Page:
There’s something about old portraits that inspires the gothic side of our imaginations, especially if the portraits are sufficiently somber or darkened with age. Looking into the steady eyes of a subject long dead has inspired many a horror writer–and more than one filmmaker, too.
One example of that inspiration is the little-watched drama The Portrait (1915), which I stumbled across recently. While it’s sadly only a fragment of a lost film, it contains some pretty neat imagery and is capable of leading us down some of those delightful research rabbit holes.
The surviving slivers of The Portrait amount to about 8 minutes of a 3- to 4- reel film. And by some happy coincidence those slivers don’t do a bad job of standing on their own. I wonder if someone trimmed the feature down to try and make a horror short of sorts, or if they just wanted to save the creepiest footage.
The plot seems straightforward enough. It begins with a young man browsing a secondhand shop crammed with old pieces of art. He’s somehow drawn to a portrait of an old man that would look at home in a Halloween attraction, and purchases it. Naturally, once the portrait’s glowering in his claustrophobic apartment the young man starts growing uneasy around it. He even has several nightmares where it comes to life and climbs out of its frame. Once the creepiness is fully established, The Portrait ends abruptly–which is tantalizing–but all in all I’m glad it somehow made it through all these decades.
I was surprised and happy to see that this film was directed by Ladislas Starevich, the acclaimed animator behind The Insects’ Christmas (1911), The Cameraman’s Revenge (1912) and other weirdly charming stop-motion animation. (Which both amazes me and sometimes creeps me out, but that’s a topic for another post.) Starevich’s unique body of work also included documentaries and several live action dramas, such our subject The Portrait.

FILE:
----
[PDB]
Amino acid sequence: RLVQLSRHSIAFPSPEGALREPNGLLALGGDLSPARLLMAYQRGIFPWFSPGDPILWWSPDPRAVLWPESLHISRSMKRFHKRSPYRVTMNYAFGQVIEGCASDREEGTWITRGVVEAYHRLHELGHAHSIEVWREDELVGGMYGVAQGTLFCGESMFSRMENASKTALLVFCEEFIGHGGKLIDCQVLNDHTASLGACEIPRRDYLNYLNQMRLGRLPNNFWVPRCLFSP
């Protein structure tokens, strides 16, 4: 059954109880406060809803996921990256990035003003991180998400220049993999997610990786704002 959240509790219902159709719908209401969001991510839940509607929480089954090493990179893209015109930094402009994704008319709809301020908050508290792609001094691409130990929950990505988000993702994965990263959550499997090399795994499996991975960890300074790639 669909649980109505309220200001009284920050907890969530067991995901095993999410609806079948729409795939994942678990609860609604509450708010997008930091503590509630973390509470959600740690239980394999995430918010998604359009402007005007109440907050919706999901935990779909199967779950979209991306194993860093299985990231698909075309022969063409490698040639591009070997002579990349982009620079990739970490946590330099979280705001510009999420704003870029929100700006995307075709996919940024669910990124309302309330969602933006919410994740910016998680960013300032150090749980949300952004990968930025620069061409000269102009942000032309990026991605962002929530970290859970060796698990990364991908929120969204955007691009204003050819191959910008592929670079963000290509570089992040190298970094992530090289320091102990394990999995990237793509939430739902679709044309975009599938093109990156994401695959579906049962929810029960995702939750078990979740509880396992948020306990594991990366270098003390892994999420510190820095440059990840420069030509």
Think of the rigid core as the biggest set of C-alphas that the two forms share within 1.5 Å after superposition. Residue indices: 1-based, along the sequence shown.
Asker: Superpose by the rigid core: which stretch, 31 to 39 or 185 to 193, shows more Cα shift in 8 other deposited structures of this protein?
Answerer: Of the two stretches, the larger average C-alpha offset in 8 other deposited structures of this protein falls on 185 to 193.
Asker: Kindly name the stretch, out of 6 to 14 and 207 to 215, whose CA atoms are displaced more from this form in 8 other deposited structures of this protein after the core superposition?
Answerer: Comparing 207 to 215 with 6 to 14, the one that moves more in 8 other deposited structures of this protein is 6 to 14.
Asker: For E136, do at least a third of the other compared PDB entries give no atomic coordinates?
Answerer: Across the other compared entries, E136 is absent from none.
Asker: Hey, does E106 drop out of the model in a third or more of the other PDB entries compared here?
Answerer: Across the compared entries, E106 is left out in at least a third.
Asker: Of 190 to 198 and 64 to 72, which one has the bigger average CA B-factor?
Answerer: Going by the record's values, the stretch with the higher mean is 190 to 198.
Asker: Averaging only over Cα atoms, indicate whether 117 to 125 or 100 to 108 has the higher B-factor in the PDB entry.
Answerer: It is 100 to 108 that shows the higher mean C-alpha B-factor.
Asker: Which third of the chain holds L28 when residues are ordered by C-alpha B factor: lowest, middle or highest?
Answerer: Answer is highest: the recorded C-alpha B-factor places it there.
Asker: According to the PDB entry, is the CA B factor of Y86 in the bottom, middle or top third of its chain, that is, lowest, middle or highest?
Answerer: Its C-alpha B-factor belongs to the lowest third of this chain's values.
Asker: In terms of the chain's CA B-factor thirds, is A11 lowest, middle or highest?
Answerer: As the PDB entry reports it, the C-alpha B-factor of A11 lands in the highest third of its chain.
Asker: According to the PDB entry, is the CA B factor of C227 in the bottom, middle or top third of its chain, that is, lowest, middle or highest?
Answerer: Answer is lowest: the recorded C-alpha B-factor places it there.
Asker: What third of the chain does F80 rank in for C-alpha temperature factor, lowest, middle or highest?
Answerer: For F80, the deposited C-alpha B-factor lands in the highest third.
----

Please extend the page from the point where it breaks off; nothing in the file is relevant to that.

Some of Starevich’s work draws on folk tales and mythology, and he seems to have been particularly inspired by the Ukrainian writer Nikolai Gogol. Gogol, who leaned toward the surreal and satirical with just a little dash of Poe, wrote what was perhaps the first great Russian novel, Dead Souls. His main body of work was published in the 1830s and 1840s, and one of his many short stories was The Portrait, which came out in 1835.
Reading his story helps us piece together what the complete Starevich feature might’ve been like. The young man in the story is actually a penniless artist, who buys the strange portrait with his last coins. He finds himself haunted by the eerie picture and dreams that its subject climbs out of the frame holding a sack of money (as is depicted in the film). Not long afterwards, the landlord stops by to demand rent. The painting gets accidentally damaged, and reveals that a bag of gold was hidden in its frame. The young artist pays the rent and happily makes lavish plans for his future career. He decides to stay true to his own artistic style, and not cave to fickle fashions. But will he stay strong, and will everything really be smooth sailing? (That, by the way, is only part of Part I.)
This was not the only Gogol story adapted by Starevich–in 1913 he also made the infamous The Night Before Christmas (infamous to me, that is). It was based on Gogol’s short story Christmas Eve, which in turn was based on Ukrainian folk tales about devils and witches. Starevich’s film version gives me the willies and may have caused me to long for the sweet relief of Krampus legends, but that’s me.
So now that you have a bit of background on The Portrait, here it is in decent quality–kudos to the uploader who paired it with some Rachmaninoff! (Usually when folks add a “score” to a silent film on YouTube the results are nothing short of ghastly, but in this case it works.) If you like Poe-style stories, Russian literature, silent horror films, or some combination of all the above, you just might find it interesting. Enjoy: